"I can't say Monterrey is the safest city in Mexico anymore -- that would be a lie," Jesús Marcos Giacomán, president of the 122-year-old Monterrey Chamber of Commerce and Tourism, said in an interview. "I can say we're going to make it the safest again."An Economic Powerhouse
Monterrey wraps around the stunning, rocky peaks of the Sierra Madre, 130 miles southwest of McAllen, Tex. Gleaming towers form its skyline, and U.S.-style malls and upscale restaurants line its wide boulevards.
Known as the "Sultanate of the North" because of its popularity with Middle Eastern businessmen, Monterrey revved into an economic powerhouse after the North American Free Trade Agreement went into effect in 1994. The world's largest cement maker is here, as well as Mexico's biggest beer producer and one of the world's largest glass manufacturers. Major American corporations operate huge plants.
For the past five years, Monterrey stayed mostly peaceful while the rival Sinaloa and Gulf drug cartels fought over territory in other cities near the border, such as Nuevo Laredo. But something more complicated has happened here in the past year, Aldo Fasci Zuazua, deputy attorney general of Nuevo Leon state, said in an interview at his Monterrey office.
For unknown reasons, the local drug lords who warehouse cocaine, methamphetamines and marijuana for the big cartels began fighting each other, Fasci said. Their bloody battles unnerved the national and transnational cartels that counted on Monterrey's small-time operators to funnel tons of drugs into the United States.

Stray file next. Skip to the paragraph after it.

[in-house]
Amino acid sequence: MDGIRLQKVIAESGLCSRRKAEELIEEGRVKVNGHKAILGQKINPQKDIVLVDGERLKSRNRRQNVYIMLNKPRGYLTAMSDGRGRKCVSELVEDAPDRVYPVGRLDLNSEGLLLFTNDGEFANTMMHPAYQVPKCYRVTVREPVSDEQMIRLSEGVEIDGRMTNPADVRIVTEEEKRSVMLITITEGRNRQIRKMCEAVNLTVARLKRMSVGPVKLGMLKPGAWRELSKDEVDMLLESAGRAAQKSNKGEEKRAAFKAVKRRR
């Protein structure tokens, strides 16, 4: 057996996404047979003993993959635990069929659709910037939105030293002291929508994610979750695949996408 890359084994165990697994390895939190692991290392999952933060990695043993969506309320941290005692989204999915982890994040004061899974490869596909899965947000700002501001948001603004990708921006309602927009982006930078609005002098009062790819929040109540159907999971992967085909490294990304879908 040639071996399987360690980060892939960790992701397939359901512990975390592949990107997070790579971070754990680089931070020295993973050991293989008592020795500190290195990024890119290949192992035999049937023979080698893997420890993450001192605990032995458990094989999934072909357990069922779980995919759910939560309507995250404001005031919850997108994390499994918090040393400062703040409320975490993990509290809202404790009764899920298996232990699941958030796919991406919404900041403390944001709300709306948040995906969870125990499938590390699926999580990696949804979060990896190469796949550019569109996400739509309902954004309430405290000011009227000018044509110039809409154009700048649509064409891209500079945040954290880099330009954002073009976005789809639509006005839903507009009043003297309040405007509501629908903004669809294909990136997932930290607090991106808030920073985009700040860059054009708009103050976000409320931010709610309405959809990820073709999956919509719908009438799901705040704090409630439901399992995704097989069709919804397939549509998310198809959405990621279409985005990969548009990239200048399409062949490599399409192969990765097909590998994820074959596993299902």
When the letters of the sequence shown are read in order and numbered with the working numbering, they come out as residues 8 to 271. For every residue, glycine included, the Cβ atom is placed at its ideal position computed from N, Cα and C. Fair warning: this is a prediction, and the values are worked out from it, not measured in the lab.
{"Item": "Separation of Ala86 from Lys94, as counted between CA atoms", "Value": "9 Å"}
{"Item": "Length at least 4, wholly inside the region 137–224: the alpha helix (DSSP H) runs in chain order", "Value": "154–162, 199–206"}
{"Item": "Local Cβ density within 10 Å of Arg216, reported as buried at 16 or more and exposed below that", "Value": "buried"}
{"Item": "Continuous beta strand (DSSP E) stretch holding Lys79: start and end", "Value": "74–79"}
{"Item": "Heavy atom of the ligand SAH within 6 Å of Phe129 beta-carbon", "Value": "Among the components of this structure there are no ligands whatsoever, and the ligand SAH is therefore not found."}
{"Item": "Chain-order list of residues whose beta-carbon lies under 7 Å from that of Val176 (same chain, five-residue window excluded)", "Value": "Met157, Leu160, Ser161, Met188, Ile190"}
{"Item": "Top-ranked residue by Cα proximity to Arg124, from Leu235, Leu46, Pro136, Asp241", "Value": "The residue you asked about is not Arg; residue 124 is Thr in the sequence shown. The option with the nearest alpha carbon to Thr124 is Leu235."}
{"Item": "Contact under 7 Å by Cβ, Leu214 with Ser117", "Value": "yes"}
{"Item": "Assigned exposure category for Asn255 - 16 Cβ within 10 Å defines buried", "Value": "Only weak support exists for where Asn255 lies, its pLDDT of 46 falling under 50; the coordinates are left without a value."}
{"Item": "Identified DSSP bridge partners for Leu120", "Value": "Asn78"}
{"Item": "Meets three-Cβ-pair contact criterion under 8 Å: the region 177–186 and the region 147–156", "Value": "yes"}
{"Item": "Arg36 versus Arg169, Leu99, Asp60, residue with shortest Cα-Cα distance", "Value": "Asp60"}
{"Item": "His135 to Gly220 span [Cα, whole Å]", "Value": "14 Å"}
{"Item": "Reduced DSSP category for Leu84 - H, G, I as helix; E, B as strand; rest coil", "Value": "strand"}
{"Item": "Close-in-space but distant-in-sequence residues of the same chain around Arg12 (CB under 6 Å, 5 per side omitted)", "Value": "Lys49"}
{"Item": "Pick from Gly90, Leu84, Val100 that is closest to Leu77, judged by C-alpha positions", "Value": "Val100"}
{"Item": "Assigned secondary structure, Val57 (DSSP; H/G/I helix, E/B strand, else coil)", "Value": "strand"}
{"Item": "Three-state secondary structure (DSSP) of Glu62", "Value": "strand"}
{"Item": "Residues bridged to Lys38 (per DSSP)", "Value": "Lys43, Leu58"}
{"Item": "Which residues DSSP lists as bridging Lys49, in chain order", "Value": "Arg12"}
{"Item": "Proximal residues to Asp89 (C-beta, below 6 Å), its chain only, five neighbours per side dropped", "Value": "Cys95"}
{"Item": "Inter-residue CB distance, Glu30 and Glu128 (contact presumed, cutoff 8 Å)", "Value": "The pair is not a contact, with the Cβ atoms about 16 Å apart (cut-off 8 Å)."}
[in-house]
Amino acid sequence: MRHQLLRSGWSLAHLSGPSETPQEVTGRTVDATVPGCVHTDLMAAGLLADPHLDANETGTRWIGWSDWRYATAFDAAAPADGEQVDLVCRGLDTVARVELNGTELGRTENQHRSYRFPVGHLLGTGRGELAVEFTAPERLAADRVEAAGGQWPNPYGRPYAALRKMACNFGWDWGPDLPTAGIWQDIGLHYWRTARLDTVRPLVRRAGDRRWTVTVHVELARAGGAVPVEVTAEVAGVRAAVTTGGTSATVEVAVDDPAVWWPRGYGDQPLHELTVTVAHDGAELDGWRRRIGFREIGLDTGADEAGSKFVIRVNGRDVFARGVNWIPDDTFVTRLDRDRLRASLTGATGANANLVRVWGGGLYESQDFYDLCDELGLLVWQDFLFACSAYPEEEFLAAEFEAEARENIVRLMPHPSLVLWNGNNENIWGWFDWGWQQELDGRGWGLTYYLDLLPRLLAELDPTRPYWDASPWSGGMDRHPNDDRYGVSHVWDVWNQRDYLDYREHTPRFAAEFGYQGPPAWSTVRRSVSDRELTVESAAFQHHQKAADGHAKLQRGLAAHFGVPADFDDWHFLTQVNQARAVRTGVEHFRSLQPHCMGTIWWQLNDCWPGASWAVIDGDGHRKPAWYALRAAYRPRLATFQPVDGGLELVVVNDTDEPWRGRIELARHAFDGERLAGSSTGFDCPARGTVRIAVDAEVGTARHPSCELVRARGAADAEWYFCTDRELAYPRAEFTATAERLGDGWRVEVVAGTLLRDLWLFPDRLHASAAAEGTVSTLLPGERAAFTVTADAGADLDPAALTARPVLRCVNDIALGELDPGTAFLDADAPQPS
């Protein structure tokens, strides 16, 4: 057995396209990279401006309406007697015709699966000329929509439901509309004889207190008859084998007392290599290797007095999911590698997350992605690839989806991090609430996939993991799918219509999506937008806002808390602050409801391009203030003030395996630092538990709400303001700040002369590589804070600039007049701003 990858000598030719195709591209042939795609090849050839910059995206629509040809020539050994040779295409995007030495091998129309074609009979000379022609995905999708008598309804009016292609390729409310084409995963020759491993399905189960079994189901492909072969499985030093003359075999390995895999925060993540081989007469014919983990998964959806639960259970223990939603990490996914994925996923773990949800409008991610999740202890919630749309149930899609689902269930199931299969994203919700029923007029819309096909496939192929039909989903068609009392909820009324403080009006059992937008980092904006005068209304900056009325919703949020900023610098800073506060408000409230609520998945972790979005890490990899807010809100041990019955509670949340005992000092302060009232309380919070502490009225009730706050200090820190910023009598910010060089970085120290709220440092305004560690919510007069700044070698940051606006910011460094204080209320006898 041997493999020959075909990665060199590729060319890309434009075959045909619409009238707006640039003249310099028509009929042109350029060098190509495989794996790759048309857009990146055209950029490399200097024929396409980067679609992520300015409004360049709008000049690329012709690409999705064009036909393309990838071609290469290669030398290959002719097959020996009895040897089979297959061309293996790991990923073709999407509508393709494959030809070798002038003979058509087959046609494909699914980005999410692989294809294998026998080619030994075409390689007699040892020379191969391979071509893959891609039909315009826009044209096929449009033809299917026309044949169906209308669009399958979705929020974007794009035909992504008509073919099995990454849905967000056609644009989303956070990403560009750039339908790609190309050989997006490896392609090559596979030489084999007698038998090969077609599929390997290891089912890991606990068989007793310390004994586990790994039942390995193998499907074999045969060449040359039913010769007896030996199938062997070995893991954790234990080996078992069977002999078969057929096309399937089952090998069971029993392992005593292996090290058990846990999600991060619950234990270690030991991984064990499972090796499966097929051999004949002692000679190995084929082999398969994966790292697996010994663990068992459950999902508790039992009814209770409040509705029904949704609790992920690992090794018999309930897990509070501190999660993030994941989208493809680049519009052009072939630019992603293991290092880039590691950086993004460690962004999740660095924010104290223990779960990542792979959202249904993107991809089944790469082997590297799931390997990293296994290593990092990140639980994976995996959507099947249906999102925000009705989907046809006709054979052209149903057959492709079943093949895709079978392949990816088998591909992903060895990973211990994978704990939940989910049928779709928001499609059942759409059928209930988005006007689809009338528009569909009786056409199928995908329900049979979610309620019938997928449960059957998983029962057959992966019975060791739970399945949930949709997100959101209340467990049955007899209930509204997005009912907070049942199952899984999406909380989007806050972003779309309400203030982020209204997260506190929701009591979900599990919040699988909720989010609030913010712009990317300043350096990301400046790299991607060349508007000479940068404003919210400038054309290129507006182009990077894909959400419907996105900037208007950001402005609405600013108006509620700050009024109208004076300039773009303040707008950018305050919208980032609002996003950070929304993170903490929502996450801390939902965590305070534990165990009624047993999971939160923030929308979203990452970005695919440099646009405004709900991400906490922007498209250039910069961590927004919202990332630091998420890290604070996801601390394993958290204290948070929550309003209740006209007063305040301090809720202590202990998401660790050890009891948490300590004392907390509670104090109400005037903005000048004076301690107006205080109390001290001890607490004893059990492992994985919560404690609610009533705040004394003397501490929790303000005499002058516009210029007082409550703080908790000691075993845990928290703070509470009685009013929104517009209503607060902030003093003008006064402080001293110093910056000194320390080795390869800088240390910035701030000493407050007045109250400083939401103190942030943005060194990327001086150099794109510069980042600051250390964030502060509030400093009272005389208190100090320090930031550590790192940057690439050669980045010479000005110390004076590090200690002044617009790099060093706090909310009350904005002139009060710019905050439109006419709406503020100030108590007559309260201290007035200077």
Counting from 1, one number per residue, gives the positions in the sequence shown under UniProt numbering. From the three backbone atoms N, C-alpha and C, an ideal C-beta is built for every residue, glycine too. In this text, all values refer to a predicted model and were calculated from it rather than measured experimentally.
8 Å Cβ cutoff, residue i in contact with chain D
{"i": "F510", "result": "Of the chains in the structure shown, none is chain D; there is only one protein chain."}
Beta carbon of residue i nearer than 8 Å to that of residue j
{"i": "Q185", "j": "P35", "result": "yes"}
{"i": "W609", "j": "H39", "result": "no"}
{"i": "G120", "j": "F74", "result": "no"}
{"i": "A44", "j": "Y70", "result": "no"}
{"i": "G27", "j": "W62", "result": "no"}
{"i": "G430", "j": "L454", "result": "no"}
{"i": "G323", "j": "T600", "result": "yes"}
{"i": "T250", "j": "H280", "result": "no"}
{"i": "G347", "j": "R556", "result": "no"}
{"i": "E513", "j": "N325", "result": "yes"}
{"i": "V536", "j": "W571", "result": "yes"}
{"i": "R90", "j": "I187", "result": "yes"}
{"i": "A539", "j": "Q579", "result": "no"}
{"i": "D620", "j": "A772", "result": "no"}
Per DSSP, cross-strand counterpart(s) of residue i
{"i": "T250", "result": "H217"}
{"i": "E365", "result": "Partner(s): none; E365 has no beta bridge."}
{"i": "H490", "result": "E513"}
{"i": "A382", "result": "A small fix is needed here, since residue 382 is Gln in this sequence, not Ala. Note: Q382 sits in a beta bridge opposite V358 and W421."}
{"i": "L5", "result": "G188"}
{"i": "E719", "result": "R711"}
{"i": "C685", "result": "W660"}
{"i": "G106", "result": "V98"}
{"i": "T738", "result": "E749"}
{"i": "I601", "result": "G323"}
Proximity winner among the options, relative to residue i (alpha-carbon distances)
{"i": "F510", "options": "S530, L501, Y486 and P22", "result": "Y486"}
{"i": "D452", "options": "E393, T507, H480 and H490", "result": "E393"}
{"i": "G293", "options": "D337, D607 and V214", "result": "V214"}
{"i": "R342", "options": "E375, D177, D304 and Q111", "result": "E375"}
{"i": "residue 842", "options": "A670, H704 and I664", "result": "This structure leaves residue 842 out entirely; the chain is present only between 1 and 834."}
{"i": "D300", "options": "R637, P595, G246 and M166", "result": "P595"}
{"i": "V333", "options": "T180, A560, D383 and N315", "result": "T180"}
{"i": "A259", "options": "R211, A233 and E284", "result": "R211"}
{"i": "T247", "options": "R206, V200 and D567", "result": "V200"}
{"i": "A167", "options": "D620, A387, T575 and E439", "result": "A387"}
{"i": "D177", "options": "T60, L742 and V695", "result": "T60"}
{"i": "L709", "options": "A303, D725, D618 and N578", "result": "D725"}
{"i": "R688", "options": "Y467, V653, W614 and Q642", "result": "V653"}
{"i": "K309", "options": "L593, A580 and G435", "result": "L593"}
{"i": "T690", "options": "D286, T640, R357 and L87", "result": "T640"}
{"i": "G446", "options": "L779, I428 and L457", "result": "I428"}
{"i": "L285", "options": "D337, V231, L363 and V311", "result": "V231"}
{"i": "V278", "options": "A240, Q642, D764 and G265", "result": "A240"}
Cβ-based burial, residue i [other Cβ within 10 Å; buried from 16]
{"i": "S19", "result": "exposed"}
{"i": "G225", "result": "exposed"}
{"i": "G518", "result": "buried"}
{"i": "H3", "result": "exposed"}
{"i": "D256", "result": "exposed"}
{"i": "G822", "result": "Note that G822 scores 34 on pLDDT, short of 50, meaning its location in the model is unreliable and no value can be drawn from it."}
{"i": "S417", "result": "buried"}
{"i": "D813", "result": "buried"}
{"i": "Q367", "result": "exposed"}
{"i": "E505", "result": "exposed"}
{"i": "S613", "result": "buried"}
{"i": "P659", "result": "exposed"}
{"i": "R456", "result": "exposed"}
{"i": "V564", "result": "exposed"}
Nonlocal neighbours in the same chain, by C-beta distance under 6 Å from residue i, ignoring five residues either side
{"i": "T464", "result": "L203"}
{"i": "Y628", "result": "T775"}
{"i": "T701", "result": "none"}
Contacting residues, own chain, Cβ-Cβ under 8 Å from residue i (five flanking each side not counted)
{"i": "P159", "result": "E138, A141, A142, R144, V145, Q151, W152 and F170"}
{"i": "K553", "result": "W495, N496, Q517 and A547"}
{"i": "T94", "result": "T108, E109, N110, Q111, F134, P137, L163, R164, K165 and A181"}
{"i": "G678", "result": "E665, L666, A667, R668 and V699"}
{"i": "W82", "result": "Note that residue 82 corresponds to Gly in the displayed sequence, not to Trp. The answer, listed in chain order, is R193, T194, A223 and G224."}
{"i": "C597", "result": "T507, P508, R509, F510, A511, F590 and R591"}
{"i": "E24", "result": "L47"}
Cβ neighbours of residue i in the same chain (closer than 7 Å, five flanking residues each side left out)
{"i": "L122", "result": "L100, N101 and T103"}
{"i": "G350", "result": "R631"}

A business that had run smoothly for years was suddenly a mess, and the national cartels felt compelled to sweep into Monterrey to "restore order," Fasci said. In the vernacular of organized crime, that meant killing people.Fear Takes Hold
By April, assassinations were so rampant that the U.S. Embassy issued a travel warning for Monterrey noting that "Mexican and foreign bystanders" had been killed in Mexico. The next month, the business magazine America Economia dropped Monterrey from the top of its list of best places to do business in Latin America, a blow for a city that reaped a bonanza of publicity in 1999 when Fortune magazine dubbed it Latin America's top business locale.
Within days of America Economia's piece, Mexican President Felipe Calderón dispatched federal troops to patrol Monterrey's streets, one in a series of military assaults against cartel strongholds across the country.